This new wave of e-mail extortion began at the beginning of the week, according to Don Jackson, a researcher at SecureWorks. The e-mails have an air of legitimacy because they come from valid e-mail accounts, instead of spoofed "from" addresses.
And if that isn't enough to worry the people being extorted, if they reply to the e-mails, the scammer actually responds with personal information about the victim, according to SecureWorks.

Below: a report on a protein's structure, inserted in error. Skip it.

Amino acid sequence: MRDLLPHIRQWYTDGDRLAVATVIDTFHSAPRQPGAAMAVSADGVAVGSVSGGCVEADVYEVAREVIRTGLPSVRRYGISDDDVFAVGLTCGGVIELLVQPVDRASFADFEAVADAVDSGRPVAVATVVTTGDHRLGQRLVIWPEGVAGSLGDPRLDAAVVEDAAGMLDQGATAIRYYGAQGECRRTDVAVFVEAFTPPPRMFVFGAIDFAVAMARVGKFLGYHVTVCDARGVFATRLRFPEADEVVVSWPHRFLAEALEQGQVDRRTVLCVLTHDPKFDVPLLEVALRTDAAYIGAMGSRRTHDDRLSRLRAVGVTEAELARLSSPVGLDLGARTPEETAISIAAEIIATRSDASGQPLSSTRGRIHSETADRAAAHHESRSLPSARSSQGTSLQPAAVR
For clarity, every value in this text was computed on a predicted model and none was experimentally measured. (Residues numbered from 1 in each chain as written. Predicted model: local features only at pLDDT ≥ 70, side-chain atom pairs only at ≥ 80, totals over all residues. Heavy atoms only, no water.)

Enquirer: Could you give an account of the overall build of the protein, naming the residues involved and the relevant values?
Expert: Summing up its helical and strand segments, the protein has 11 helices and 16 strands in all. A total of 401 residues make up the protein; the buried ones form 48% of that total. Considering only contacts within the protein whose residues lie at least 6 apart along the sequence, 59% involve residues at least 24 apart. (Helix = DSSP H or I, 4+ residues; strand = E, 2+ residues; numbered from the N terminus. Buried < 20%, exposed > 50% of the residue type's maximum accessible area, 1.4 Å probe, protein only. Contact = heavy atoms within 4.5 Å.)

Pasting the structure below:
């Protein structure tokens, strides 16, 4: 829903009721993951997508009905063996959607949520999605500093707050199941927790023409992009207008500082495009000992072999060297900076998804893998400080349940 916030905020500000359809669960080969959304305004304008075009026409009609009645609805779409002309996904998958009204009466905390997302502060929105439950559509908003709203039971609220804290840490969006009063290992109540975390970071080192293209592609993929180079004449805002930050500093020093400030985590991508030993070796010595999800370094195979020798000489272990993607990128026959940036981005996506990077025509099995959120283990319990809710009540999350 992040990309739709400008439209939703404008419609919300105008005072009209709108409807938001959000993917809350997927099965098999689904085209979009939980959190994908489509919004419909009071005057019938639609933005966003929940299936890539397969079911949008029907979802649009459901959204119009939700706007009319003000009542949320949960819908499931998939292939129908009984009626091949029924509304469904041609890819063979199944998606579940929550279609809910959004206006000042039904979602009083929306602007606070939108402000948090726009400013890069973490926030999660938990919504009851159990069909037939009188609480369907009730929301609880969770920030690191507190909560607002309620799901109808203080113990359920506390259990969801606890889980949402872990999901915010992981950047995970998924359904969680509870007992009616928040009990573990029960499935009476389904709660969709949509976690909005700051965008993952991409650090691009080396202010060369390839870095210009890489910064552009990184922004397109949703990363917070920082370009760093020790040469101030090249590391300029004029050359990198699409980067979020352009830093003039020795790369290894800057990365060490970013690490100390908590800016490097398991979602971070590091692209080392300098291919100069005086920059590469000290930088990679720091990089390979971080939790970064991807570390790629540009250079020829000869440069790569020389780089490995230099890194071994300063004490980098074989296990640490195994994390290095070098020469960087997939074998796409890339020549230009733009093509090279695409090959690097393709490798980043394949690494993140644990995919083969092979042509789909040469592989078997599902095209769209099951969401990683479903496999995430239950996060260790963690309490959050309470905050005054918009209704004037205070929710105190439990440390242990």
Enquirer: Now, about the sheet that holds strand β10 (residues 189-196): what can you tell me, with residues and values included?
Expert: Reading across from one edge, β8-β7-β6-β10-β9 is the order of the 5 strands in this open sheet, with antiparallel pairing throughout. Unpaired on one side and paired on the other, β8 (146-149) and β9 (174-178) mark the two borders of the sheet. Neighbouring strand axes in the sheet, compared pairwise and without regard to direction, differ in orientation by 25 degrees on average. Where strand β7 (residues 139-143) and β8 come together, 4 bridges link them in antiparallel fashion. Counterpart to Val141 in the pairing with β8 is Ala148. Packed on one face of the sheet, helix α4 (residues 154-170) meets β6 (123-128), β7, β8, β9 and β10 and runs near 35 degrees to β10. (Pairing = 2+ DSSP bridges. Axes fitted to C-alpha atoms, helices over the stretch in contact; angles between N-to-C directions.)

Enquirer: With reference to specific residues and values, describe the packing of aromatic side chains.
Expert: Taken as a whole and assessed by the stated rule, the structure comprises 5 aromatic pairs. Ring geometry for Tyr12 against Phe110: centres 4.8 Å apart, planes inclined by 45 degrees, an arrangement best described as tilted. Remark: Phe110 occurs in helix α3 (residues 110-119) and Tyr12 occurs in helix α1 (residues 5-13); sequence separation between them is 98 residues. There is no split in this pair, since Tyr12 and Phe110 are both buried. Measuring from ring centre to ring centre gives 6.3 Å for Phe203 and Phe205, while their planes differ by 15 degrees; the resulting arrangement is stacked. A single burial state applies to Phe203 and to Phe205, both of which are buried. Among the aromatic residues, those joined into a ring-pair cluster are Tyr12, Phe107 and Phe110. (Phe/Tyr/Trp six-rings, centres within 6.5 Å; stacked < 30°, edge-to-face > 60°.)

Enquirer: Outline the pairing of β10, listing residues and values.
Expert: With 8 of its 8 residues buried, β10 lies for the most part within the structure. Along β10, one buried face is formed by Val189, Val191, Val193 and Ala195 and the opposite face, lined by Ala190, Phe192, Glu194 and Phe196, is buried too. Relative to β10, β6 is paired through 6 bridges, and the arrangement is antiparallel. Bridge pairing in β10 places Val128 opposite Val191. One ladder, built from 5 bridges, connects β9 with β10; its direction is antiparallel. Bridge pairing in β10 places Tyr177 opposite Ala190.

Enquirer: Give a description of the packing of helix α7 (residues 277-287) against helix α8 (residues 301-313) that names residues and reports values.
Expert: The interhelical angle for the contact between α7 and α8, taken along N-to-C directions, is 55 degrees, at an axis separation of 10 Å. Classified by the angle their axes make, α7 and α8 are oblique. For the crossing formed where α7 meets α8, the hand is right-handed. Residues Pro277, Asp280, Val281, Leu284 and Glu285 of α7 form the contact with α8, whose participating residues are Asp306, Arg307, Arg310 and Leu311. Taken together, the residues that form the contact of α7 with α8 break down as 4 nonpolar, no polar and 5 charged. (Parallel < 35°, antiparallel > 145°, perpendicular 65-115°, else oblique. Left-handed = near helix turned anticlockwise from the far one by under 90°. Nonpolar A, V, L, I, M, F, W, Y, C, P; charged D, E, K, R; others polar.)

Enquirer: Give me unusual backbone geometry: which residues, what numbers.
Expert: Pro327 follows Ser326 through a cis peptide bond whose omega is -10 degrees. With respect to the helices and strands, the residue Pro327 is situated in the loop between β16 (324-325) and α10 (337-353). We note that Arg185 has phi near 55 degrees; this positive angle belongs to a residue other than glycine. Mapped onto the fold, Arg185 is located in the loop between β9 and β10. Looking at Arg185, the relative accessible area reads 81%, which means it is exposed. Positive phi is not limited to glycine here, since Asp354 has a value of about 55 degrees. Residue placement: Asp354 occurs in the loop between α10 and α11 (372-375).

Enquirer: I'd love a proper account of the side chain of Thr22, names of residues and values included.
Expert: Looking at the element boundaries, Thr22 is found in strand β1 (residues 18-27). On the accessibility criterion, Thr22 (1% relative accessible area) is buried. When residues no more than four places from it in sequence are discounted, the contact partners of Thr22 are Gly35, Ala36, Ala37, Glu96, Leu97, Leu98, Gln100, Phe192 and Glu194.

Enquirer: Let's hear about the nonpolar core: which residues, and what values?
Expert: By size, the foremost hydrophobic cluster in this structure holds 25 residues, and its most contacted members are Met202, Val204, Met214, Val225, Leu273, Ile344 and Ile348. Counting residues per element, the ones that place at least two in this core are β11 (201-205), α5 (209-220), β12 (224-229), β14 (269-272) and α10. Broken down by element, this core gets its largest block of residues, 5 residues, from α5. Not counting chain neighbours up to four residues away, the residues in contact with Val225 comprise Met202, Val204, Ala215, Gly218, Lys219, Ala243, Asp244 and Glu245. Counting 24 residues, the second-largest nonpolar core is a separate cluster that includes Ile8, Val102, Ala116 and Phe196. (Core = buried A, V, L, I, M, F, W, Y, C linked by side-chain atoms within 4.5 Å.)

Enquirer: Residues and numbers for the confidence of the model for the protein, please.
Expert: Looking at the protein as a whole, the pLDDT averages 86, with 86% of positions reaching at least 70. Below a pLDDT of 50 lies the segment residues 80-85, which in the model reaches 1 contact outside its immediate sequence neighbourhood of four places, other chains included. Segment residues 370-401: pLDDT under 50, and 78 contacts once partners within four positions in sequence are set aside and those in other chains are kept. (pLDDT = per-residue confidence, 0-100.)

"It is most likely that this personal information is being obtained via phishing e-mails, sites that sell personal information, which has been harvested by malware, etc.," said Jackson in an e-mail to InformationWeek.
He estimated that SecureWorks saw about 1,000 of these e-mails go out as of Wednesday at noon.